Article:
These new players seem to be concerned mostly with managing the business of IT or running IT as a business. Equally, both seem to be focused on emphasising the value of IT and showcase progressive approaches to IT such as brokering services, cloud, IT as a Service, DevOps etc. Both approaches are also ‘data-driven’ which resonates with me from my days in the eighties with LBMS in London who took a data-driven approach to its SSADM and LSDM development methodologies. Both approaches are agile-friendly.

Whilst other methods and frameworks have introduced standards for many of the processes in IT, (enterprise architecture, strategic alignment and governance, security, applications development, program, portfolio and project management, operations and support etc.), it is fair to say that for too long IT Managers, CIOs and CTOs have been left to link those standards together in the best manner they can. This has revealed some gaps.

Let’s consider the new players

IT4ITTM provides a Standard Reference Architecture for IT. This comprises an IT Value Chain plus service, information, functional and integration pillars. The IT value chain is based on the work of Michael Porter and it comprises four value streams being:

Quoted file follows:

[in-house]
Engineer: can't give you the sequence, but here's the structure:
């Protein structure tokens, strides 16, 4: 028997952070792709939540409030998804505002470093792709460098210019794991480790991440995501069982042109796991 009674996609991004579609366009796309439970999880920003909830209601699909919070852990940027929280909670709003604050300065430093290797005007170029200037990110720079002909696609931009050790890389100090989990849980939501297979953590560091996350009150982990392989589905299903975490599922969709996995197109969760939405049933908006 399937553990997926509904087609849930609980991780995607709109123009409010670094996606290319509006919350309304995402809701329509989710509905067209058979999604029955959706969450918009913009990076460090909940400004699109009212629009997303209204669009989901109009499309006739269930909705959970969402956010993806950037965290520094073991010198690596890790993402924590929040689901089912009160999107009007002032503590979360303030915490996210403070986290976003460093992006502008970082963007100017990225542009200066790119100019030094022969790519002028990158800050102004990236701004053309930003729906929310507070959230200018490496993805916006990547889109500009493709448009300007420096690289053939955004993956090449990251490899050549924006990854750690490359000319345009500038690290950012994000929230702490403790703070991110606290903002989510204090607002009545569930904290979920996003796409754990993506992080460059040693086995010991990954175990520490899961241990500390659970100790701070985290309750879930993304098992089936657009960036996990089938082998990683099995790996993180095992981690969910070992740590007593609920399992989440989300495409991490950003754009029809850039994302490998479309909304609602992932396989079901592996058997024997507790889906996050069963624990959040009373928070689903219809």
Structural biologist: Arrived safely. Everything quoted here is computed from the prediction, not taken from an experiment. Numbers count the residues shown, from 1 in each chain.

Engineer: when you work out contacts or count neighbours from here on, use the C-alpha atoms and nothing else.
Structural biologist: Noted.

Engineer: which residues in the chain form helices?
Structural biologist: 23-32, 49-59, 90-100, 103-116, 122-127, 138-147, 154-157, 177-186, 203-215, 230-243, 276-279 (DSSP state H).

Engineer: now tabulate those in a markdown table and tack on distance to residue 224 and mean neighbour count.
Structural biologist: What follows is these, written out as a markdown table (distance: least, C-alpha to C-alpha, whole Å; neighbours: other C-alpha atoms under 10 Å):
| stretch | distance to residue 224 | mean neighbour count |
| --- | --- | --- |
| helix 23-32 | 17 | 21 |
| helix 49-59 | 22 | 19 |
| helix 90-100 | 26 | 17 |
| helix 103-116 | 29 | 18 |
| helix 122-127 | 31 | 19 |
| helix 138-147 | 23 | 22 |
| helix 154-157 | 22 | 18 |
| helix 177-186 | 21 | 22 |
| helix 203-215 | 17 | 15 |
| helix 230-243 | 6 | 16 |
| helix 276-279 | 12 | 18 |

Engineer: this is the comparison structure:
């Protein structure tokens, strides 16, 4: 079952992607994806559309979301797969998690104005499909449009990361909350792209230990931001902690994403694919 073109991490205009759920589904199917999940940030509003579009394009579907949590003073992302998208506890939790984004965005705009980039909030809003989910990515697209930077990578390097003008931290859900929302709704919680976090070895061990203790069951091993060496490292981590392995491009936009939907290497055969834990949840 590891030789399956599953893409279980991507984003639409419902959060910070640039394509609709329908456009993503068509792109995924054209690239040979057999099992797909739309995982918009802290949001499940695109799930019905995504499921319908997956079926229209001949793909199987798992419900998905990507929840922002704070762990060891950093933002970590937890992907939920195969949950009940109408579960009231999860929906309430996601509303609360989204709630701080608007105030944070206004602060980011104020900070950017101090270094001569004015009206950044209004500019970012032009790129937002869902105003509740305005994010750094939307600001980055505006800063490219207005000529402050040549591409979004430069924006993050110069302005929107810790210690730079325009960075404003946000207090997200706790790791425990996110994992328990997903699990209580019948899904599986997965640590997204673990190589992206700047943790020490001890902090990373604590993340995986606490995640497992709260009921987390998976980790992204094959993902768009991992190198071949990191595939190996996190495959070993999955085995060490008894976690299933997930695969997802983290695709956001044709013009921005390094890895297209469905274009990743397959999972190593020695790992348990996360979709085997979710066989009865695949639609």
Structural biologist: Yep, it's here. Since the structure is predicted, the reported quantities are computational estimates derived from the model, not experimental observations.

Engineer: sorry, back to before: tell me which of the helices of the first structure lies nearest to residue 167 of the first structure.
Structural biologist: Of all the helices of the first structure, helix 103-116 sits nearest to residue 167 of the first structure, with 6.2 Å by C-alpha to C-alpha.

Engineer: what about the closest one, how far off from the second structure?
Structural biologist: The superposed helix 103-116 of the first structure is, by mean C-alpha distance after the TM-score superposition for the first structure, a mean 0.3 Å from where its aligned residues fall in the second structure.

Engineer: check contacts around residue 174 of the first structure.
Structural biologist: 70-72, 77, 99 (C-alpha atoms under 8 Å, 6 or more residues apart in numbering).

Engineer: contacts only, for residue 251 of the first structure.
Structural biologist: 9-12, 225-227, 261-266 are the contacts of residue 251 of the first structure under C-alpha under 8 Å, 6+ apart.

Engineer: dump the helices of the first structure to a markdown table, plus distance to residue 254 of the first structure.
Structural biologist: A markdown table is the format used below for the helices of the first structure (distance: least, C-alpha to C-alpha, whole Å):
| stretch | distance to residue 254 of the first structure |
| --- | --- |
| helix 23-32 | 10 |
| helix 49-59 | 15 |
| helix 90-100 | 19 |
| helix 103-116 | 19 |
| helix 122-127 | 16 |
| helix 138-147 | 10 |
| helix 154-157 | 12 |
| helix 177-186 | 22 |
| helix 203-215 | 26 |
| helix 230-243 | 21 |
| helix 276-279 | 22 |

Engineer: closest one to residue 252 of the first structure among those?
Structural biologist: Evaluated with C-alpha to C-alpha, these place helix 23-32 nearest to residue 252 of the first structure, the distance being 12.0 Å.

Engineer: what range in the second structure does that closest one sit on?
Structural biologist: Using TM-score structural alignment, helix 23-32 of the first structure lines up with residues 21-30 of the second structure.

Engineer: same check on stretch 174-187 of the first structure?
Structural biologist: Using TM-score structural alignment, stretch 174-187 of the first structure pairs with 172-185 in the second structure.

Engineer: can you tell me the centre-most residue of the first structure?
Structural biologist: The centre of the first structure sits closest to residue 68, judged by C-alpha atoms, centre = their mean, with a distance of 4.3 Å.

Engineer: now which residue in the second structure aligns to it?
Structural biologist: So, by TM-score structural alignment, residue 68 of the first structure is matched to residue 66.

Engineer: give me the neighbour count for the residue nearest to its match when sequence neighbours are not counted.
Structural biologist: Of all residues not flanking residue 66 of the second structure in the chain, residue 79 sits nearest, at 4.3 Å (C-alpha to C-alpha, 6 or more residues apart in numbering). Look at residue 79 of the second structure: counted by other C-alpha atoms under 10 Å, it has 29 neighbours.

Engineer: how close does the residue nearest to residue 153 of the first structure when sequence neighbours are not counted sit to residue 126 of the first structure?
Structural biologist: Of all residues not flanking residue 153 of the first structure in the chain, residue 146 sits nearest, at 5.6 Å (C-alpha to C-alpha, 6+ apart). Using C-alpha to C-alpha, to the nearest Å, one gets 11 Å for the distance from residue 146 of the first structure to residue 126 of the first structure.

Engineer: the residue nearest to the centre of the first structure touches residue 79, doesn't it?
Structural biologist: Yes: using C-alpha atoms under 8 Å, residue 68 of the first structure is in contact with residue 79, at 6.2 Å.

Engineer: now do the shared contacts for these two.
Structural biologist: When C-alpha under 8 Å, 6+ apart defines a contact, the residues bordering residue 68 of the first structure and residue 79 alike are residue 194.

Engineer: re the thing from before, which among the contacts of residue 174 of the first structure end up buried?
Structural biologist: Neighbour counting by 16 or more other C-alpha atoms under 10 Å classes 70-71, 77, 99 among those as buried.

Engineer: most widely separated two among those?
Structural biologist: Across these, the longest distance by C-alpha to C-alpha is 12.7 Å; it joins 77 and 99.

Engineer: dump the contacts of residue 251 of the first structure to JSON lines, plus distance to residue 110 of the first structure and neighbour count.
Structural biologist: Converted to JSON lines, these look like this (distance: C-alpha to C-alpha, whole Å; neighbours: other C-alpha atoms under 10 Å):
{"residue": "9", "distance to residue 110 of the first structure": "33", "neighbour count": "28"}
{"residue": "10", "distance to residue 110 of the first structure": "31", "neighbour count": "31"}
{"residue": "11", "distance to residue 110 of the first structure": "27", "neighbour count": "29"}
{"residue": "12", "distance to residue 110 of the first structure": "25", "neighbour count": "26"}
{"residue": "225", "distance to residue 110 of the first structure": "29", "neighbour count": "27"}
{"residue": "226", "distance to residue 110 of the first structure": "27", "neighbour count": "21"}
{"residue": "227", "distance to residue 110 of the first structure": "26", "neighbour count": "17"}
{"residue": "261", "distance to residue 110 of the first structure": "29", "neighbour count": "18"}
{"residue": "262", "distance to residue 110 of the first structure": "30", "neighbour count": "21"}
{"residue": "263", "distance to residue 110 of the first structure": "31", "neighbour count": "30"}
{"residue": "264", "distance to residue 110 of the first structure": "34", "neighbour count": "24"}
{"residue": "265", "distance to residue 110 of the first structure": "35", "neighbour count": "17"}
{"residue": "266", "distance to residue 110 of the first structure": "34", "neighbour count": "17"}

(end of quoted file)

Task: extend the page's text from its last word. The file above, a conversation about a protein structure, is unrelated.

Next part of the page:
1. Strategy to Portfolio (S2P)
2. Requirements to Deploy (R2D)
3. Request to Fulfil (R2F)
4. Detect to Correct (D2C)


The primary value streams in the IT Value Chain are underpinned by five supporting activities. IT4IT models the functions that IT performs to help organisations identify the activities that contribute to business competitiveness.

Now let’s look at what TBM has to offer. TBM essentially defines the organisational elements, disciplines and value conversations of an effective TBM program.



Its apparent focus is (to a large extent) on the cost and value of IT. This includes:

1. Run the Business
    – Cost of Performance
    – Business Aligned Portfolio

2. Change the Business
    – Investment in innovation
    – Enterprise Agility